48. What is the treatment of relations of production within the platforms of current Center-Left and Left parties in Europe, and what does this treatment indicate regarding the current distributive justice discourse?
49. Water in rural Africa, sustainability of water projects and natural resources, the dynamics and discourse between society, natural resources and sustainability
50. The nature of Research and Development diplomacy and its contribution to advancing the relationship between Israel and the European Union as well as with other European countries
51. Latin America Jewry and the contemporary Jewish immigration to Israel from Latin America.
52. The impact of Chinese investments on Africa in various aspects
53. Neo-liberalization of the Israeli higher education system and the way in which this process shapes employment patterns, employee relations, and labor struggles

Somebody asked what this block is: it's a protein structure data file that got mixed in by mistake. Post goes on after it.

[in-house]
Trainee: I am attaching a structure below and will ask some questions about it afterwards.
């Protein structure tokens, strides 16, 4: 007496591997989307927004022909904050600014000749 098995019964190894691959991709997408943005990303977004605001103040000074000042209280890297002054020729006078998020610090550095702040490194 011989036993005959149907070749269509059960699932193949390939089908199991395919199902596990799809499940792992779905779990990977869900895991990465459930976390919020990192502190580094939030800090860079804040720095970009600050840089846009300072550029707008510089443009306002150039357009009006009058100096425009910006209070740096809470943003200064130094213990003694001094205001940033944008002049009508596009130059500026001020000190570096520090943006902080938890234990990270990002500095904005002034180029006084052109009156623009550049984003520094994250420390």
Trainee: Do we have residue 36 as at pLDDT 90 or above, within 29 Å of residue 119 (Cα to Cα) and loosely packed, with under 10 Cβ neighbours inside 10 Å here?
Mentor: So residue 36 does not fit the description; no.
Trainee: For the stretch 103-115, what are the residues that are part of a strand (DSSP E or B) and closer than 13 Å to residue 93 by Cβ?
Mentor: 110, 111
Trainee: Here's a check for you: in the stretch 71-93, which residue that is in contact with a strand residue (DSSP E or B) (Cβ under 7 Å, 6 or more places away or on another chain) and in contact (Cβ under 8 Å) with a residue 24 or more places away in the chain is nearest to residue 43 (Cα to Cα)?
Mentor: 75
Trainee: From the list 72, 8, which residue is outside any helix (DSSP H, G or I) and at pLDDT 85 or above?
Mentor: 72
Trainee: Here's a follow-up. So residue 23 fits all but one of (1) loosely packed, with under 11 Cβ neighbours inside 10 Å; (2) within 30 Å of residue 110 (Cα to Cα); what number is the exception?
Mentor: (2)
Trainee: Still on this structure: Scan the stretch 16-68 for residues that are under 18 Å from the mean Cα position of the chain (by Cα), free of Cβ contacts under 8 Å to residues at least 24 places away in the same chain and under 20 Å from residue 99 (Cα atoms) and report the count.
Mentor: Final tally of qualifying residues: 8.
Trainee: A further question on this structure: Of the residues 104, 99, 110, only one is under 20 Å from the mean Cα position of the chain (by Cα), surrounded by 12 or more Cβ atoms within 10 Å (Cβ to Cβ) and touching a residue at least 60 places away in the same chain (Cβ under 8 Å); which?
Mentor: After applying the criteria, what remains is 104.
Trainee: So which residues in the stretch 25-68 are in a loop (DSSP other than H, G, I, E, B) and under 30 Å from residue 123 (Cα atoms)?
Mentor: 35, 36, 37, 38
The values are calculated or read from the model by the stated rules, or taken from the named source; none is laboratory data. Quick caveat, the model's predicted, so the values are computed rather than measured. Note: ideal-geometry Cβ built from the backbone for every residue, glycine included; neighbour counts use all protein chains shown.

54. Political and theoretical question regarding conservation in Israel and mainly Palestinian heritage in Israel.
55. Discrimination in health and environment policy between Jews and Arabs, in the objective and subjective levels, and its effect on the health of the Arab citizens of Israel – case study Um-Al-FAHEM region (northern triangle), Hadera region, and Hadera.
56. Research deals with the civic studies and history high school program in three conflict zones: Israel, Northern Ireland and the province of Quebec in Canada. His research examines the perceptions and misperceptions presented in the High School textbook towards Europe, the EU, and the EU member states.